Lambda by Numbers
A unary expression uses one placeholderthe predefined variable _1
. The lambda library defines two more placeholders: _2
for binary and ternary functors, respectively. These placeholders are useful for creating an unnamed function taking two and three operands, respectively. Let's look at an example.
Suppose you have a container of pointers that needs to be sorted. The default sort() implementation will sort the bare pointers, which isn't what you usually want. To override this behavior, provide a lambda functor as the third argument:
vector <Foo *> vp;
//..populate the container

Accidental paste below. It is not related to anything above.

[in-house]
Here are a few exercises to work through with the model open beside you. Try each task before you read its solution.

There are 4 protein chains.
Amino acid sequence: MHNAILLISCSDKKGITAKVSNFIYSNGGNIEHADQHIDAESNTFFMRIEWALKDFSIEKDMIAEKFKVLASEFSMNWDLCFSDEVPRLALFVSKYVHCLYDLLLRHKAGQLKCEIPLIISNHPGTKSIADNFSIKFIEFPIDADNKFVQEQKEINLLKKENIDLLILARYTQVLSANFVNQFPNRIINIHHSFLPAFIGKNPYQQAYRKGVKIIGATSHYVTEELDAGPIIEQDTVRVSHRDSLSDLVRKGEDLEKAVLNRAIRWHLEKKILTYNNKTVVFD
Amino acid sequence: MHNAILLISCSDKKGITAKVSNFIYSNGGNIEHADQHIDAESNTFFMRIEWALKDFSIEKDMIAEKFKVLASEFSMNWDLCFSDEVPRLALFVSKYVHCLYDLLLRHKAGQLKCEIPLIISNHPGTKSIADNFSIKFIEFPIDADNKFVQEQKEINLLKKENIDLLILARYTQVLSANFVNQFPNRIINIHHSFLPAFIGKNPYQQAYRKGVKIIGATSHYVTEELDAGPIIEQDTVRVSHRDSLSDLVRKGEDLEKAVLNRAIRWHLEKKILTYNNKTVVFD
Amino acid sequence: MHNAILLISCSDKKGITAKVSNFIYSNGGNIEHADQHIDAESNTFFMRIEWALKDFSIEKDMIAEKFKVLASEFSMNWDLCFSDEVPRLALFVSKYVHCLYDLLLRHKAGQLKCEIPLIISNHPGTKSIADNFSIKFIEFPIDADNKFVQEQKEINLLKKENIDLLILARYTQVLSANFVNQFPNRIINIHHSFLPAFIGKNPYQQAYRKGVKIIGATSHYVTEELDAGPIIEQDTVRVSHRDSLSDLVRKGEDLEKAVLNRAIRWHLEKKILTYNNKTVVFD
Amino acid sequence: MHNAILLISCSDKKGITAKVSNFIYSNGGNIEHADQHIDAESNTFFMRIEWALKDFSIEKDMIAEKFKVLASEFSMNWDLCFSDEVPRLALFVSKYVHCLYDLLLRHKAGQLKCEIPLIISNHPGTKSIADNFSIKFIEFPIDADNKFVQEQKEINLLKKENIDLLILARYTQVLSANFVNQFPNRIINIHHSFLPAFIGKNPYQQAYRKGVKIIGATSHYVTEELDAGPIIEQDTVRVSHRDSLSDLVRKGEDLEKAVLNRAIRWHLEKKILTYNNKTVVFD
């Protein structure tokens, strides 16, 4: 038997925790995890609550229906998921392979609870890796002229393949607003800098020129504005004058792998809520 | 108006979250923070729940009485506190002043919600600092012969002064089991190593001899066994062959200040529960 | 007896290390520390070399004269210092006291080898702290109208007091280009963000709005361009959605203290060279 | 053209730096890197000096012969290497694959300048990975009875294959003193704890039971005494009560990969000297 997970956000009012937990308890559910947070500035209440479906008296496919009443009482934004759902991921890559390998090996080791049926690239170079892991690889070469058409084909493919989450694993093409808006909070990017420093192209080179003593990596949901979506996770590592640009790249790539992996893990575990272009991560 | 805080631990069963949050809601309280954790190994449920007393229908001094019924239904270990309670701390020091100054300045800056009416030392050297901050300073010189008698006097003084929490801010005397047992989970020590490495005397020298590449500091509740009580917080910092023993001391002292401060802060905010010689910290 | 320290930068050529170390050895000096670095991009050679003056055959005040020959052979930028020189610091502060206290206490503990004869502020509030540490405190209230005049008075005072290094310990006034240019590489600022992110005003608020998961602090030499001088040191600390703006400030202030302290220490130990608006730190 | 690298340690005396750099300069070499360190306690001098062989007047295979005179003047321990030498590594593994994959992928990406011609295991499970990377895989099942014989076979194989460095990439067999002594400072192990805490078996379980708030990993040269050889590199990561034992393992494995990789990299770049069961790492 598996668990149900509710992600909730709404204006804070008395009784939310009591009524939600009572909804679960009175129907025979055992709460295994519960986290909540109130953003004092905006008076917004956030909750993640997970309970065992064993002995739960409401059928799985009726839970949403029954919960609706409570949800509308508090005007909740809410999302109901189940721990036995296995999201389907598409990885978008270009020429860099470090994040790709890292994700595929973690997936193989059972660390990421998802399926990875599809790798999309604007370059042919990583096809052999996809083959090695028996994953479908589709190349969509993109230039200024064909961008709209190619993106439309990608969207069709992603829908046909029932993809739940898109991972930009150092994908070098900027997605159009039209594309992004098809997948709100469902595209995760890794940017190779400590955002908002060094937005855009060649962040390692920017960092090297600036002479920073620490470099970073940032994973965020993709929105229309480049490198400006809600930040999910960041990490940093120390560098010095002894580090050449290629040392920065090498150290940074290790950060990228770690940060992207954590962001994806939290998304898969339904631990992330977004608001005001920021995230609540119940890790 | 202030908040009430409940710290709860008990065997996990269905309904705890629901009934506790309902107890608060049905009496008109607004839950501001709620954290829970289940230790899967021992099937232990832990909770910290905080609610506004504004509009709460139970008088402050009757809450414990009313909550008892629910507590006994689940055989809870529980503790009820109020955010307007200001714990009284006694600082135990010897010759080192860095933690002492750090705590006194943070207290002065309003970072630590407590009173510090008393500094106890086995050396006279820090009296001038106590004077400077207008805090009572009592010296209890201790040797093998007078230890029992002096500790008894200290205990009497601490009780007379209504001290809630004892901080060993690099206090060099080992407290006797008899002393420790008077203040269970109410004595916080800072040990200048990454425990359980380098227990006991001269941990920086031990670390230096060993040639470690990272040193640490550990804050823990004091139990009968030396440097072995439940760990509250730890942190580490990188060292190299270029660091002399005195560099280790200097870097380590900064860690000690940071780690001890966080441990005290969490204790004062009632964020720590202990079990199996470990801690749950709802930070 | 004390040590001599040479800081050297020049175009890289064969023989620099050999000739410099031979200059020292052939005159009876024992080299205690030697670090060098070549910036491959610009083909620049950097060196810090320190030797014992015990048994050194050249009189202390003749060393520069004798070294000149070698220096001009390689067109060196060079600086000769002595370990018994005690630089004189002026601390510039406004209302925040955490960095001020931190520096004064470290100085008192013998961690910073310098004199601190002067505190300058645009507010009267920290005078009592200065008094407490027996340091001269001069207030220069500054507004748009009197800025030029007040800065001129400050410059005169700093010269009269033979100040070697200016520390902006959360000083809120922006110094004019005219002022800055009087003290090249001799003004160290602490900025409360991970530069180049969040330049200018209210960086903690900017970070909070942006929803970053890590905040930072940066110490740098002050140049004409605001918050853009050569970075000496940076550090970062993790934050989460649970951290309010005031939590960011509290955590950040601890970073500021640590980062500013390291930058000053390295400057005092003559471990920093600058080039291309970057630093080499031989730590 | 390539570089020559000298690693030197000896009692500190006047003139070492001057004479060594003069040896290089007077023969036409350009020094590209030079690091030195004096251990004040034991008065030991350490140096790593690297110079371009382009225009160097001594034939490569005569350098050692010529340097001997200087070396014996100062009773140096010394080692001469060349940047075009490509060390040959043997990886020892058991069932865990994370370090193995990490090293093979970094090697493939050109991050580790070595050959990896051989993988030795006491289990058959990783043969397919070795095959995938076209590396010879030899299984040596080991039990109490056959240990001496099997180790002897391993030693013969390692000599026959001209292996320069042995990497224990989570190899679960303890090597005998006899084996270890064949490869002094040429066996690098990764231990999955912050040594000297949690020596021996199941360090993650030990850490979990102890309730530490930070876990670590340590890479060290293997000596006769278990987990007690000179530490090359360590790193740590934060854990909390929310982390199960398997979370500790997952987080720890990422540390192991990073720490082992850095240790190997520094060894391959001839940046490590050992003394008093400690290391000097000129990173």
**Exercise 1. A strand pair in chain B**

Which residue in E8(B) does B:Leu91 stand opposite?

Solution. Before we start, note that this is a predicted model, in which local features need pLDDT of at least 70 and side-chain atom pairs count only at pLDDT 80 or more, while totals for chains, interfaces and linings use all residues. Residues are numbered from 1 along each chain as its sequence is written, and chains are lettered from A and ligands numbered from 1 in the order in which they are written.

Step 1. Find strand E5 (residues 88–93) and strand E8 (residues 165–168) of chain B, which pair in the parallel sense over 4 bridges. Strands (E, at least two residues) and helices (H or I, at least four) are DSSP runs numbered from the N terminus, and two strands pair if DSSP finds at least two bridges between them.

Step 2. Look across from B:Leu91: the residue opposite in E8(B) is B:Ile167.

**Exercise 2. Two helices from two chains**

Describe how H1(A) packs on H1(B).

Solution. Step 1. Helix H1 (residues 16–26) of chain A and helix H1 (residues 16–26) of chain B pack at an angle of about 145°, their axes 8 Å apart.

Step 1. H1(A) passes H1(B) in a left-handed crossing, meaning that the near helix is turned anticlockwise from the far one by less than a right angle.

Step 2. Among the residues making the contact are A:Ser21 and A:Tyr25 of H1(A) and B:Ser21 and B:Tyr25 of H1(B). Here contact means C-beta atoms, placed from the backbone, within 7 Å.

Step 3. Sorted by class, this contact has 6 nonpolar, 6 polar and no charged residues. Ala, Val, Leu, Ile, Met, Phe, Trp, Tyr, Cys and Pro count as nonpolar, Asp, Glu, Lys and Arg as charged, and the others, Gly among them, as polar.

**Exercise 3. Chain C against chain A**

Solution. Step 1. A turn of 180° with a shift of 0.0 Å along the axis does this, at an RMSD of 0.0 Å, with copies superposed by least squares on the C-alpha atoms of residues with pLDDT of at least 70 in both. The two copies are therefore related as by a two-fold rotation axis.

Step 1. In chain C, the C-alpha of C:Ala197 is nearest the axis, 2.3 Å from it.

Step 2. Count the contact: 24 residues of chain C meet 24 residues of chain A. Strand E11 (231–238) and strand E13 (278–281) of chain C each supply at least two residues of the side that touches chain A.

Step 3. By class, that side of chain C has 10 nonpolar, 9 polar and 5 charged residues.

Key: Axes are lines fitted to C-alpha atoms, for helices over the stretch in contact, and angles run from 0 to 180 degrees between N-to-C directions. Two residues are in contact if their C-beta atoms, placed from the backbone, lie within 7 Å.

sort(vp.begin(), vp.end(), *_1 < *_2);//ascending
Let's see how it works. vp[n]
is a pointer. Hence, the placeholders _1
represent pointers. The complete lambda expression dereferences these pointers and returns a Boolean value indicating whether *_1
is less than *_2
. This binary lambda functor ensures that the sorting operation produces the desired results.
The lambda library has many other constructs for defining if-then-else statements, exception handling, switch statements and the sizeof and typeid operators. Although you've only seen the basic features of the lambda library here, it's clear that it's a very powerful addition to the C++ Standard Library.